Attention modulates the mismatch negativity evoked by feature conjunctions
Feature binding is an essential aspect of sensory perception, since most realistic objects can be identified only by grasping conjunctions of multiple features and their patterns. Psychophysiological mechanisms of this phenomenon are still under debate; importantly, mutually exclusive points of view exist concerning the role of attention in feature binding. The current study aimed at testing the hypothesis that mismatch negativity (MMN) to specific feature conjunctions may depend upon attention. Two experiments were conducted in the auditory and visual modalities respectively. Within each experiment, we used four stimuli that differed in two distinctive features, with two feature conjunctions designated as standards, and two feature conjunctions designated as deviants. Features used in the auditory modality were tone pitch and location; Gabor grating orientation and spatial frequency were used in the visual modality. Attentional modulation involved four conditions: selective attention to targets, selective ignoring of nontargets, nonselective attention within a given modality, and deviation of attention to a task in a different modality. The basic finding was that MMN was evident only in conditions of within-modality attention. MMN was reduced or abolished in response to ignored feature conjunctions, as well as in conditions of the cross-modal distraction of attention. Thus, contrary to previous studies of MMN under feature conjunctions, our data show that the preattentive stage of feature conjunction processing requires a proper top-down attentional influence.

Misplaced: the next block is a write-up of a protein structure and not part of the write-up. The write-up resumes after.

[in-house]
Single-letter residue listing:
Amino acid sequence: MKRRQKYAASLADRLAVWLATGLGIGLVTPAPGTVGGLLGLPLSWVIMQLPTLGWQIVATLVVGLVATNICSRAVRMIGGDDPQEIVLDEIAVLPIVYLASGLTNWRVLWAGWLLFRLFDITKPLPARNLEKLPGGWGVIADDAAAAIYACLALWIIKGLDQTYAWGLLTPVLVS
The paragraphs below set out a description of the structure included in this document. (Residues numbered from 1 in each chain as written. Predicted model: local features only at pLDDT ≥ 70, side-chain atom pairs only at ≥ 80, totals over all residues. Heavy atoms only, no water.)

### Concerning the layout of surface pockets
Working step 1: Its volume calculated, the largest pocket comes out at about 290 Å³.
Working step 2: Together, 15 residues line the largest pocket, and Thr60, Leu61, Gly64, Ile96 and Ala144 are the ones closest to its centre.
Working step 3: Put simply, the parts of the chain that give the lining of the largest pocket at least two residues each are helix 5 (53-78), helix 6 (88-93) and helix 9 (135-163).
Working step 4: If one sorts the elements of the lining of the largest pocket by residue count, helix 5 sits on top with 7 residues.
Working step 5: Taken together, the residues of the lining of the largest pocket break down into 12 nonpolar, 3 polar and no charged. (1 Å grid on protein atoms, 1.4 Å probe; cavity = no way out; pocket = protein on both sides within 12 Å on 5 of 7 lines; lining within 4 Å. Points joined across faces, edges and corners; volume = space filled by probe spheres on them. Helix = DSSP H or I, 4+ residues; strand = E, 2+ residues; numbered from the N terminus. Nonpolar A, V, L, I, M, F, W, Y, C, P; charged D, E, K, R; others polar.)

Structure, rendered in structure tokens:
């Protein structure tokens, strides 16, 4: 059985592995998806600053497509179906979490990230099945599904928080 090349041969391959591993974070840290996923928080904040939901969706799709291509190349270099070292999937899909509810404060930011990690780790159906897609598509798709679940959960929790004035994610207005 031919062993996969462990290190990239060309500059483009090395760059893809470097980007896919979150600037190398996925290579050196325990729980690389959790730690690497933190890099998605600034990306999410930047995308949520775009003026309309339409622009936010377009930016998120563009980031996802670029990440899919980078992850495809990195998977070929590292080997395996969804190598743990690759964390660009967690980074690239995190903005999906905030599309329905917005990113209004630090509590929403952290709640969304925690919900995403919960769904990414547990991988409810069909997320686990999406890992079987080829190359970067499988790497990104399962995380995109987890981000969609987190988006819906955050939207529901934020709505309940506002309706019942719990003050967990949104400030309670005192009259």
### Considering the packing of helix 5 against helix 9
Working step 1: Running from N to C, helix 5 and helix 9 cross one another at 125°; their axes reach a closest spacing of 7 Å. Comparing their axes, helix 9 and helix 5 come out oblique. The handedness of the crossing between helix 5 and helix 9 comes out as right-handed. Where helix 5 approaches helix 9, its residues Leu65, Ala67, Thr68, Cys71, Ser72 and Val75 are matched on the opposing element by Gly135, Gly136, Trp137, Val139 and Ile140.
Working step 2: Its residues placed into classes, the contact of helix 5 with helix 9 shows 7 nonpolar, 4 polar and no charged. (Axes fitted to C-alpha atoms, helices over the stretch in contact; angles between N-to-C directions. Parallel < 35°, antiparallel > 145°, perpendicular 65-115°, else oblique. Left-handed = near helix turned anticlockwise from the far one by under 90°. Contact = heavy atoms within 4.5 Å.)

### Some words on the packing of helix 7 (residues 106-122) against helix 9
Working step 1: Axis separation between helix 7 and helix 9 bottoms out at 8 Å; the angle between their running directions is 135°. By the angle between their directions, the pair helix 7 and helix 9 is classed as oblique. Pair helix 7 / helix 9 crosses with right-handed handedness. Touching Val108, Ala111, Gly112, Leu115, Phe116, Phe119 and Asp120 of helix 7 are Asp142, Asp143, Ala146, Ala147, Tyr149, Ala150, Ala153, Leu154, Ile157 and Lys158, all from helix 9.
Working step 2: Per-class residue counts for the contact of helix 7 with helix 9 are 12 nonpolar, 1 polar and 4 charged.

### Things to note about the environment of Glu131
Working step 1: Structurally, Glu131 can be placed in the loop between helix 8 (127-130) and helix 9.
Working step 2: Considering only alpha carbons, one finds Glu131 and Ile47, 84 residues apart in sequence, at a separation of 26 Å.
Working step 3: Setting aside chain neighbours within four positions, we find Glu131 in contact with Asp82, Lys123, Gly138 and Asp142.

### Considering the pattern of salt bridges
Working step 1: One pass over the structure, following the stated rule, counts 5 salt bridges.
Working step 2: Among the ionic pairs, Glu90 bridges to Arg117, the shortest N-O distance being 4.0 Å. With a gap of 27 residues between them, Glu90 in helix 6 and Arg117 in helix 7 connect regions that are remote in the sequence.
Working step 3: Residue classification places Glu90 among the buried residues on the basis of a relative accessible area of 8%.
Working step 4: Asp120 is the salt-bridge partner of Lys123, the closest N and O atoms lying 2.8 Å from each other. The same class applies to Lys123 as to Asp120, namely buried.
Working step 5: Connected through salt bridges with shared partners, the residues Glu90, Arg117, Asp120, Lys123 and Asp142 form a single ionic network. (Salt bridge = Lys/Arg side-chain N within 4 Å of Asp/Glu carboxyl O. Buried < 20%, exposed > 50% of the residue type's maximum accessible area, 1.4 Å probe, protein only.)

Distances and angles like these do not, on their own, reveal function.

Supported by Russian Foundation for Humanities, project No 15-06-10742.